What The Bible Says About Drinking Alcohol, Part IV
Most Christians who believe that the Bible is the Word of God agree that it is sinful to get drunk, but some do not know that the Bible teaches against the drinking of any alcohol. Here are some more Scriptures:
“Woe to them… who drink wine in bowls, and anoint themselves with the chief ointments: but they are not grieved for the affliction of Joseph” (Amos 6:1, 6).
The context of these verses is about the Israelites:
- Trusting in a false peace because of pride in their self-righteousness (Amos 6:1).
- Taking for granted the blessings of the Lord (Amos 6:2).
- Refusing to listen to predictions of God’s judgment (Amos 6:3).
- Living in luxury while sinning (Amos 6:4).
- Using music for entertainment instead of worship (Amos 6:5).
- Drinking alcohol from bowls used for making sacrifices in the temple (Amos 6:6).
- Using the Holy anointing oil to anoint their bodies during their parties and worshipping idols (Amos 6:6,13; 5:26).
“Behold, his soul which is lifted up is not upright in him: but the just shall live by his faith. Yes also, because he transgresses by wine, he is a proud man, neither keeps at home, who enlarges his desire as hell, and is as death, and cannot be satisfied, but gathers unto him all nations, and heaps unto him all people” (Hab. 2:4-5).
These verses indicate that sinning in drinking alcohol leads to pride and not living by faith. The desire for alcohol is never satisfied like hell and death that are continually drawing and pulling people to them.
“Woe unto him that gives his neighbor drink, who puts your bottle to him, and makes him drunken also, that thou may look on their nakedness” (Hab. 2:15).
This verse specifically refers to the Jews in the Babylonian Captivity who were exposed to the drinking of alcohol and immorality involved in the Babylonian’s idol worship. It can also apply to those who make and distribute alcohol or to those who give alcohol to other people.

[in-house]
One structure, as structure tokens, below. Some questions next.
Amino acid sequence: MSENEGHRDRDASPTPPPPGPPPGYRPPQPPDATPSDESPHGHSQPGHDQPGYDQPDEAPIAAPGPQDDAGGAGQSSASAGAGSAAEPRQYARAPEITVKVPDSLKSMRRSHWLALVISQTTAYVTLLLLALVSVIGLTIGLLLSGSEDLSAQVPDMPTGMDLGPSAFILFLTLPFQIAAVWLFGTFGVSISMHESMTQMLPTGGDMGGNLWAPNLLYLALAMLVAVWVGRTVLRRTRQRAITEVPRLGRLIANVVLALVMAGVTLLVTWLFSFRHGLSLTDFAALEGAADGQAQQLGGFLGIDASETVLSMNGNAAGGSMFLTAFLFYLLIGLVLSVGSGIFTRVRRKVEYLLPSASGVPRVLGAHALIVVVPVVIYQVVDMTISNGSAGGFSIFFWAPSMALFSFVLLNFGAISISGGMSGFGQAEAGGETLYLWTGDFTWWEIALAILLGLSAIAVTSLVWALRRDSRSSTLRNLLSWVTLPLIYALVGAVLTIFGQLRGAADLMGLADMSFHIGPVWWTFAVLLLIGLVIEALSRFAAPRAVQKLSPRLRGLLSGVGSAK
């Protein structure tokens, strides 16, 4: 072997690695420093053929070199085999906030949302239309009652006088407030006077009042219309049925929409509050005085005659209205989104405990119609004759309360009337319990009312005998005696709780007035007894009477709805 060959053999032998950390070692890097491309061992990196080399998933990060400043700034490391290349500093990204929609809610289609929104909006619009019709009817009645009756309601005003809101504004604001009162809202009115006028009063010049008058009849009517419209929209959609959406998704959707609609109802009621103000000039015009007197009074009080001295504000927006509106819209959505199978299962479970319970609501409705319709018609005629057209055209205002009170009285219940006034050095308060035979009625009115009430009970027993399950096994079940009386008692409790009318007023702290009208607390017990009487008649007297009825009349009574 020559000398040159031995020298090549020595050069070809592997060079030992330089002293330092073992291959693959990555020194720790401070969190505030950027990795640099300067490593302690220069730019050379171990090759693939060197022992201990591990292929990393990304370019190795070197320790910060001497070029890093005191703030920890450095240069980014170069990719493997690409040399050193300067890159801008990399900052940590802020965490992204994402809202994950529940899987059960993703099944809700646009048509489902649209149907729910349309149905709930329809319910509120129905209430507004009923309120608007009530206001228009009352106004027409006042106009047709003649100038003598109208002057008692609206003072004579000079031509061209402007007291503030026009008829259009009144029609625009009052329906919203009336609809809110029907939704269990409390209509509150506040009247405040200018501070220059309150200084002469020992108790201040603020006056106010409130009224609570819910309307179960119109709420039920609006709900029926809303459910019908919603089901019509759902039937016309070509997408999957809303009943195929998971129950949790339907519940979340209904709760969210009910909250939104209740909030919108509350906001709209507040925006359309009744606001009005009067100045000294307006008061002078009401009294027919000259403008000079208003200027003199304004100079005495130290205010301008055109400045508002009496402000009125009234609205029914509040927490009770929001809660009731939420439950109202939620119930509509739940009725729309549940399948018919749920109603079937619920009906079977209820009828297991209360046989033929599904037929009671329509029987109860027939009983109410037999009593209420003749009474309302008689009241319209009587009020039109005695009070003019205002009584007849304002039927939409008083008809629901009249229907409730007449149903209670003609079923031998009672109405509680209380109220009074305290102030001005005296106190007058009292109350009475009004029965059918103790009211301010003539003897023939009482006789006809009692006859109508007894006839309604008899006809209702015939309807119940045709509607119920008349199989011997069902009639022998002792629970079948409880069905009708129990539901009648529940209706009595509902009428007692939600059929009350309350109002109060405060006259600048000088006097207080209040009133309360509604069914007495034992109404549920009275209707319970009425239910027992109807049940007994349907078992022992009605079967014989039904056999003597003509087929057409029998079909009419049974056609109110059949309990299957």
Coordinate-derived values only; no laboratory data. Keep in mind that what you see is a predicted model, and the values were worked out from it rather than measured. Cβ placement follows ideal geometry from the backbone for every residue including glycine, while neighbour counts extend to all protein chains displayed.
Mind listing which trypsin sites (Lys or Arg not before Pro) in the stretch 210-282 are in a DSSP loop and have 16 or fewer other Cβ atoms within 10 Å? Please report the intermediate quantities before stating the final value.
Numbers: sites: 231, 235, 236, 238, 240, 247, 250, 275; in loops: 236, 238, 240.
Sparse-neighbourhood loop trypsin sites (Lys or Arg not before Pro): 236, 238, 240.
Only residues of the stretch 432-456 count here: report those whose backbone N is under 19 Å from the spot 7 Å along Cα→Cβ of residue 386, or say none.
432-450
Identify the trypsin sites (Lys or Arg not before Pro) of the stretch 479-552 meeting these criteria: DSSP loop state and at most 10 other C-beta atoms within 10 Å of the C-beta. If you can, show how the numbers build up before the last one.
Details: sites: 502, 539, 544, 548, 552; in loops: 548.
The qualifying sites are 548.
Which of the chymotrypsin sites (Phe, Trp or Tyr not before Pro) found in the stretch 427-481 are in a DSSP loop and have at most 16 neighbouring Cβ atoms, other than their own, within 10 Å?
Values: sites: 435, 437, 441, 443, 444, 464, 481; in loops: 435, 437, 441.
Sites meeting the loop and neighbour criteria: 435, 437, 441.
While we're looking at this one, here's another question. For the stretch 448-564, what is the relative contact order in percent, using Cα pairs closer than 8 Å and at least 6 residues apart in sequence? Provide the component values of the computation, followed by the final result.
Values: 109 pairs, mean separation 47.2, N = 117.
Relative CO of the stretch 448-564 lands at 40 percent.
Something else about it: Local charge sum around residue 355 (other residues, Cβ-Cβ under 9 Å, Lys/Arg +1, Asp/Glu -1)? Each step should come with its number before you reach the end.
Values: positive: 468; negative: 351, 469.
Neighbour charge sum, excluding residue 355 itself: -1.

“But and if that evil servant shall say in his heart, My lord delays His coming; and shall begin to smite his fellowservants, and to eat and drink with the drunken; the lord of that servant shall come in a day when he looks not for him, and in an hour that he is not aware of, and shall cut him asunder, and appoint him his portion with the hypocrites: there shall weeping and gnashing of teeth” (Mat. 24:48-51).
These verses describe a person who was once a believer, but who became unfaithful, careless, hypocritical, and indifferent because of unbelief. He continued claiming to believe and pretending to do the Lord’s work, but he began abusing his authority over others for his own gain, stopped rebuking and confronting sin, separated from the saints, and chose friends in the world. He stopped living for the eternal in exchange for the temporary. Since his heart changed to believing God’s judgment would not soon come, he believed he could live it up now and get ready later. It does not say he got drunk, but he was drinking with the drunkards.
“A bishop then must be blameless, the husband of one wife, vigilant, sober, of good behavior, given to hospitality, apt to teach; not given to wine, no striker, not greedy of filthy lucre; but patient, not a brawler, not covetous” (I Tim. 3:2-3).
Although there can be some controversy about the phrase “not given to wine” and “vigilant” in these and other verses, let us focus on the word “sober.” It means to be of a sound or right mind. How can a Christian be in their sound mind if they have been drinking any alcohol? It also means to curb, control, or restrain one’s desires, impulses, and passions. If a person is certainly hindered in these areas when they are drunk, are they not partially hindered in these same areas if they take any alcohol?
Similar terms are used for elders (Titus 1:8); aged men (Titus 2:2); young women (Titus 2:5); young men (Titus 2:6); women (I Tim. 2:9,15); and all believers (II Tim. 1:7; Titus 2:12).
Therefore, the Bible teaches Christians should not drink any alcohol.